- Rejection of application for admission to the program;
- Grades and marks awarded for a coursework component;
- Grade or mark awarded for the thesis;
- Honours classification awarded;
- Refusal to grant leave of absence or deferral;
- Decisions relating to variation of enrolment.
In each of these cases and others that may not be listed here, the procedures set out in the CCA Academic Grievance Policy and Procedures will apply in the determination of an outcome to the appeal.
5.9.2 Furthermore, when applying for a review of a grade or mark, consideration must be given to whether:
- the Unit Coordinator did not provide a clear assessment guideline in the unit outline;
- assessment requirements specified in the unit outline were unreasonable or prejudicially applied;
- a clerical error has occurred in the computation of the grade;
- due regard had not been paid to a valid request for an extension.
5.10 College Medal
Students who have successfully completed an Honours degree with a first class are eligible for consideration for the College Medal in accordance with the CCA College Medal Policy.
6. Roles and Responsibilities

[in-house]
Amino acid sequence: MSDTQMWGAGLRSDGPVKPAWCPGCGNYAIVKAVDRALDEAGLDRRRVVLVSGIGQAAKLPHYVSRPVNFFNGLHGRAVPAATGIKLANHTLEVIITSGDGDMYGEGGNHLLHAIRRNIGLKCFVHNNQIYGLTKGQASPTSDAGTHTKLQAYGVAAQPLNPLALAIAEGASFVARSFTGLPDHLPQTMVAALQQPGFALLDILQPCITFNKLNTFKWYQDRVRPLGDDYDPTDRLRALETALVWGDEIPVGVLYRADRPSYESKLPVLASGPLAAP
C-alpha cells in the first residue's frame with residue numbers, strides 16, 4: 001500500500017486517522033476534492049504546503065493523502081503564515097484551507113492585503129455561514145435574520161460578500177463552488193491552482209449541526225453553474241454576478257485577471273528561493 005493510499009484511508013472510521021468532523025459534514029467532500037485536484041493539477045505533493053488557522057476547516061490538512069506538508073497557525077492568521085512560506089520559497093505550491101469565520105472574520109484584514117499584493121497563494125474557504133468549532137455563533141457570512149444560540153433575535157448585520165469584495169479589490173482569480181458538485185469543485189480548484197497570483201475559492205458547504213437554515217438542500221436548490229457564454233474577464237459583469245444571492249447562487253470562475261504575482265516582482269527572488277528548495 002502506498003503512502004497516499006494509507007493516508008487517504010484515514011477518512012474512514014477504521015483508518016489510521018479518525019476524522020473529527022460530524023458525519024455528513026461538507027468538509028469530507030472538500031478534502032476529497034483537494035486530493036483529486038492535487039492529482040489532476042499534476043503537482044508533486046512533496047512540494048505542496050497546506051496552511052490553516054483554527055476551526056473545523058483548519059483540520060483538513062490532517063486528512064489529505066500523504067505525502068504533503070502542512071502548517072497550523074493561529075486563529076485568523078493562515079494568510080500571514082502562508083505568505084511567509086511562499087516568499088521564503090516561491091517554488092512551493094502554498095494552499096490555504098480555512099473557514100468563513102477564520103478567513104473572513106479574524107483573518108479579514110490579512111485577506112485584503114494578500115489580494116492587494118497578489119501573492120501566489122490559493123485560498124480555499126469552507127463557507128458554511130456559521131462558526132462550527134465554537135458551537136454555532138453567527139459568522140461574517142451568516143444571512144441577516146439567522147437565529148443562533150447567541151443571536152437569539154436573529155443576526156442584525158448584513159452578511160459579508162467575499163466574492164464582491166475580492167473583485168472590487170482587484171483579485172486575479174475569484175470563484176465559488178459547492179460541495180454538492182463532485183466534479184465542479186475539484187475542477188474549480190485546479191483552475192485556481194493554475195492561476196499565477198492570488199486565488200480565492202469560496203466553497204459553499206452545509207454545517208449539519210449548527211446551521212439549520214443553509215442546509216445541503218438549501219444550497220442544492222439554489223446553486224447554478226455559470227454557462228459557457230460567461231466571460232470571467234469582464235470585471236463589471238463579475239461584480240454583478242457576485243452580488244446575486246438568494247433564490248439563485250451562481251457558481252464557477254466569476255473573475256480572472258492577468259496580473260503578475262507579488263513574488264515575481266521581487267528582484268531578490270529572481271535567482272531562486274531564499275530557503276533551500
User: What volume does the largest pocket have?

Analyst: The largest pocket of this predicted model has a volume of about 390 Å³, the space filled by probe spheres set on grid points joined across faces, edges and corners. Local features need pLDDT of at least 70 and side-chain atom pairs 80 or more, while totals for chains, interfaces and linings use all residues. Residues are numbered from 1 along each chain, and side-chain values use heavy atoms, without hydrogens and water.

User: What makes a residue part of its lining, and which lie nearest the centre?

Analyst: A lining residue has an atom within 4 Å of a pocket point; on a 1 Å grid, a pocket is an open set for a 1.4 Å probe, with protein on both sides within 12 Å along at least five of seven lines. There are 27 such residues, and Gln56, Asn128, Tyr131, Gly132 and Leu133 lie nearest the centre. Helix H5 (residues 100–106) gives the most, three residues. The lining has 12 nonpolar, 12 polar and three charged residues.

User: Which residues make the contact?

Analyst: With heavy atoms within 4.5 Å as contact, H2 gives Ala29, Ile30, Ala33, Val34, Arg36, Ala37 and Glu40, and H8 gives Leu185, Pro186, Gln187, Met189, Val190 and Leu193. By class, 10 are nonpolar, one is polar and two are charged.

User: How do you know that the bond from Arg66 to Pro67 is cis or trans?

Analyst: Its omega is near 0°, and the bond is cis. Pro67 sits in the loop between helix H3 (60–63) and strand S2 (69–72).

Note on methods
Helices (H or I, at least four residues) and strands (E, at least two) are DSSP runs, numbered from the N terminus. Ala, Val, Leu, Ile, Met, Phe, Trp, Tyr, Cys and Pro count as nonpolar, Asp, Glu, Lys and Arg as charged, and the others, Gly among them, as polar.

6.1.The Dean of Studies is responsible for the implementation of this policy.
6.2. Academic staff are responsible for all matters relating to the Honours Coordinator and Supervisor listed above.
6.3. Students are responsible for:
- devoting sufficient time to the requirements of the Honours degree, including researching and writing the thesis;
- maintaining familiarity with relevant College policies and procedures;
- following requirements and expectations concerning the content and style of the thesis;
- applying the research methods required to complete the coursework and thesis;
- working with the Supervisor to prepare a plan for researching and writing the thesis;
- working with the Supervisor to prepare any necessary applications for ethics approval;
- meeting with the Supervisor regularly during the semester;
- responding to feedback from the Supervisor;
- seeking support services when and if required;
- drawing the attention of the Supervisor and/or Honours Coordinator to any problems.
7.1 This policy was benchmarked against policies from other universities. The benchmarking paid particular attention to Definitions, Supervision requirements, Examination procedures, and calculation of Honours classifications. The policies consulted include:
- Honours in Bachelors Awards Policy, Western Sydney University.
- Bachelor Honours Degree (AQF Level 8) Policy, Griffith University, 2017.
- Honours Policy, University of Wollongong, 2020.
- Faculty of Arts and Social Sciences. University of Sydney, Honours Provisions.
7.2 This policy also paid particular attention to the Higher Education Standards Framework (Threshold Standards) 2021.